Witold Gombrowicz (1904-1969) was born and lived in Poland for the first half of his life but spent twenty-four years as an émigré in Argentina before returning to Europe to live in West Berlin and finally Vence, France. His works have always been of interest to those studying Polish or Argentinean or Latin American literature, but in recent years the trend toward a transnational perspective in scholarship has brought his work to increasing prominence. Indeed, the complicated web of transnational contact zones where Polish, Argentinean, French and German cultures intersect to influence his work is now seen as the appropriate lends through which his creativity ought to be examined.
This volume contributes to the transnational interpretation of Gombrowicz by bringing together a distinguished group of North American, Latin American, and European scholars to offer new analyses in three distinct themes of study that have not as yet been greatly explored — Translation, Affect and Politics. How does one translate not only Gombrowicz’s words into various languages, but the often cultural-laden meaning and the particular style and tone of his writing? What is it that passes between author and reader that causes an affect? How did Gombrowicz’s negotiation of the turbulent political worlds of Poland and Argentina shape his writing? The three divisions of this collection address these questions from multiple perspectives, thereby adding significantly to little known aspects of his work.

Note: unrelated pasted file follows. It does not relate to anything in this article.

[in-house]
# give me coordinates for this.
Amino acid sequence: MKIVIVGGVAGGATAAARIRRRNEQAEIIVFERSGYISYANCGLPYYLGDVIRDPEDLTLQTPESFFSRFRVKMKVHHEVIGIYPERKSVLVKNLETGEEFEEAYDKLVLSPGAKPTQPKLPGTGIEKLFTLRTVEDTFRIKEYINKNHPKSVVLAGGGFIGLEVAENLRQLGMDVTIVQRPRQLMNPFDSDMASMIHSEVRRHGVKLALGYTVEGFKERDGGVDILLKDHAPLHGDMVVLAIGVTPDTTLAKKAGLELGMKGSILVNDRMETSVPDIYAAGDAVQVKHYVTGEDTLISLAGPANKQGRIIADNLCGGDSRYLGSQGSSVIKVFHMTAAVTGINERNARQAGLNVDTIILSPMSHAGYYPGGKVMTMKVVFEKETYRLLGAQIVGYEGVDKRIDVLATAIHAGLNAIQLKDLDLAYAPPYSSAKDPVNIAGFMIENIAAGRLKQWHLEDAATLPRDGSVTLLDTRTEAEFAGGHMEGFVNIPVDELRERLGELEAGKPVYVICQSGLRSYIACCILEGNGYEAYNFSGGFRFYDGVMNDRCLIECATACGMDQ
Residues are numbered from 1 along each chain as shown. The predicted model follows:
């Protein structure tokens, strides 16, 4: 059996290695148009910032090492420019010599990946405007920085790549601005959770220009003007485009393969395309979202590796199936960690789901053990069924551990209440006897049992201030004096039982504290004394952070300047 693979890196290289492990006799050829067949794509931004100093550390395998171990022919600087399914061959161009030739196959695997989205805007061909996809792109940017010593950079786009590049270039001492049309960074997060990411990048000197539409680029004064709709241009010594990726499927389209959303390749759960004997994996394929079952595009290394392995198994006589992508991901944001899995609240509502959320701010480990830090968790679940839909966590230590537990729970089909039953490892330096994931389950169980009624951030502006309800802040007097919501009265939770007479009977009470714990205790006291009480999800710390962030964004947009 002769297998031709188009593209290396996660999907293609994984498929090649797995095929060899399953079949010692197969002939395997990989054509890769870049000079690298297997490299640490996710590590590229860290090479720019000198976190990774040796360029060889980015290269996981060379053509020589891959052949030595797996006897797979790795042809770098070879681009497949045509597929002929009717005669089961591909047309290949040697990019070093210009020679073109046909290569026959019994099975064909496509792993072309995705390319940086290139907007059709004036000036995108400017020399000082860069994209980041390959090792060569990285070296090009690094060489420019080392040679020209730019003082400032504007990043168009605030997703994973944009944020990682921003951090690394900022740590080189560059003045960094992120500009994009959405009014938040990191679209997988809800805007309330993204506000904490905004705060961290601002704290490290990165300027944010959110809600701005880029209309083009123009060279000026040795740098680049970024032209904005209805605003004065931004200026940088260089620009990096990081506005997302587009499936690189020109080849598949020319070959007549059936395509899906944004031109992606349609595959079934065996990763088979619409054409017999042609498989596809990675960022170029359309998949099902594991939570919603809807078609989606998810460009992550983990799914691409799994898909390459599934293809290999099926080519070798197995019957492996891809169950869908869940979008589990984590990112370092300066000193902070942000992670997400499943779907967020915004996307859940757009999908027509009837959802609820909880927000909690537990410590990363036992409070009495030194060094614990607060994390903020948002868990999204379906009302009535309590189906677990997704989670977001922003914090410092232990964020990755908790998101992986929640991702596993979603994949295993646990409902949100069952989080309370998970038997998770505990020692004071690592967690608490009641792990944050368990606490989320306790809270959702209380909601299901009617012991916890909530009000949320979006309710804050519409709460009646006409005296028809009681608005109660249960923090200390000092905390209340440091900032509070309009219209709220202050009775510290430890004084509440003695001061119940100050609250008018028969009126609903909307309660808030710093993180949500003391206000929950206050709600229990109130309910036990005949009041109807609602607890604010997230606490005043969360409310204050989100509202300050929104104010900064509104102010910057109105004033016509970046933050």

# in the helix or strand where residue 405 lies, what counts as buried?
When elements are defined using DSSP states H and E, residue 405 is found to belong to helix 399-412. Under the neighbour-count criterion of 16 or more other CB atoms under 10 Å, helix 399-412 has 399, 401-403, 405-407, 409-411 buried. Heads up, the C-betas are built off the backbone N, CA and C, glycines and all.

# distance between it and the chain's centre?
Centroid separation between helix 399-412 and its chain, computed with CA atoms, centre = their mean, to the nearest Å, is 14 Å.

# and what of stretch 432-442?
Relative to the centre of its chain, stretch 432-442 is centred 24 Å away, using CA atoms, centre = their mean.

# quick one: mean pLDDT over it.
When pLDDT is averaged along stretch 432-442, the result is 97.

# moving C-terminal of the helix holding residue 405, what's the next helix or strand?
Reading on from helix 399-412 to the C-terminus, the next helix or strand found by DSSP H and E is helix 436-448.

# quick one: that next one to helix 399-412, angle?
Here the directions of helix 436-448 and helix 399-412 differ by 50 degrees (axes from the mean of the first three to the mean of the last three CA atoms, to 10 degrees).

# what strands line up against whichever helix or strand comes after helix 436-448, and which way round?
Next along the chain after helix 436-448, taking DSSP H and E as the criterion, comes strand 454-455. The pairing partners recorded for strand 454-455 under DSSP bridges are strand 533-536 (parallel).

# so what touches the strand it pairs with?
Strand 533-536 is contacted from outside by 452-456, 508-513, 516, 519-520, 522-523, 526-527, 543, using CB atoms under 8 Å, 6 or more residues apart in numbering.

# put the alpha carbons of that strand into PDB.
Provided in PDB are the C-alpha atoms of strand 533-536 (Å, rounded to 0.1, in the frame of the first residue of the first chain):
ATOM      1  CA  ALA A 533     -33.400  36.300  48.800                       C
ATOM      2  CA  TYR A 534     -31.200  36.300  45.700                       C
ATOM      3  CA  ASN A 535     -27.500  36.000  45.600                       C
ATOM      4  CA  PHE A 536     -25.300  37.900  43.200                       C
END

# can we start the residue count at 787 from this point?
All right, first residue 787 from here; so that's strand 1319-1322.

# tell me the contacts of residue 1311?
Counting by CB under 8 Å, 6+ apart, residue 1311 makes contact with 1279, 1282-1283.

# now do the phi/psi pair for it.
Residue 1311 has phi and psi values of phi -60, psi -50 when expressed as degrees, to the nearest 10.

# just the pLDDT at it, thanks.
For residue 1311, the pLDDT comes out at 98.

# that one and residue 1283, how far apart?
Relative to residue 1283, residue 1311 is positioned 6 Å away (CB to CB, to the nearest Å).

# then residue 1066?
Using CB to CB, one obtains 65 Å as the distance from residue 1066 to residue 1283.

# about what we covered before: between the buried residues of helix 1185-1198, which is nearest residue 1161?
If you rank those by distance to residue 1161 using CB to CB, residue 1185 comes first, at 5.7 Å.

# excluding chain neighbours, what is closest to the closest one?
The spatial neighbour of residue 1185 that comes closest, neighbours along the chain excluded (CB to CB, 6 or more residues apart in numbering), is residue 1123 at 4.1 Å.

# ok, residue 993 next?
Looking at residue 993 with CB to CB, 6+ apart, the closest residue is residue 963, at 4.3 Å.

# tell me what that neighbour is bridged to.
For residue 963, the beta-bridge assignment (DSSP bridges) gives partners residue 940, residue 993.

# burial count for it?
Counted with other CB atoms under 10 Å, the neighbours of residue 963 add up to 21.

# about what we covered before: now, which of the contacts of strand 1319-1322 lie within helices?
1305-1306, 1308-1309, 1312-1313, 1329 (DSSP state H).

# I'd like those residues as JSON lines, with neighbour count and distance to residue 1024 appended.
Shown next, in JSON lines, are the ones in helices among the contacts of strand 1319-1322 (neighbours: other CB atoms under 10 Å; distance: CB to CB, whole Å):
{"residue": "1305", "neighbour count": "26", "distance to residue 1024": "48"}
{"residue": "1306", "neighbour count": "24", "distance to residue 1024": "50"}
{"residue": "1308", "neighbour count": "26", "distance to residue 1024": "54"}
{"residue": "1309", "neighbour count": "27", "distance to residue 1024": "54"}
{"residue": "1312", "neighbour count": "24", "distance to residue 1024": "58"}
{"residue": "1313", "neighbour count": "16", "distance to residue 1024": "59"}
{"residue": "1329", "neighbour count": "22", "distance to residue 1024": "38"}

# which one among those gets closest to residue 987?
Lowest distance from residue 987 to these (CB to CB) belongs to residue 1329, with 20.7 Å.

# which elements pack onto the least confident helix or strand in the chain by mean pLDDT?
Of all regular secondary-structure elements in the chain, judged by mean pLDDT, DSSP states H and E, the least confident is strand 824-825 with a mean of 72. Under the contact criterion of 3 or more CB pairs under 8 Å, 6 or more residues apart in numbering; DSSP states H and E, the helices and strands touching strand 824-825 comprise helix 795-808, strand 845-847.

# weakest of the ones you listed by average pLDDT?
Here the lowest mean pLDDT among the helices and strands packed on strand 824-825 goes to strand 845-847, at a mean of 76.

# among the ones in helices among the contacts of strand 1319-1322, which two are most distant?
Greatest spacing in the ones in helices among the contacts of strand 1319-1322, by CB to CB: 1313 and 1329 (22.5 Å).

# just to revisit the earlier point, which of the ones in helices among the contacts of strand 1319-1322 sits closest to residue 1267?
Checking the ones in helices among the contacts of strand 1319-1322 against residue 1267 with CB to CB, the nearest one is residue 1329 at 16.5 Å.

From Joyce to Rushdie, Modernism to Food Writing, Routledge Studies in Twentieth Century Literature looks at both the literature and culture of the 20th century. This series is our home for cutting-edge, upper-level scholarly studies and edited collections. Considering literature alongside religion, popular culture, race, gender, ecology, travel, class, space, and other subjects, titles are characterized by dynamic interventions into established subjects and innovative studies on emerging topics.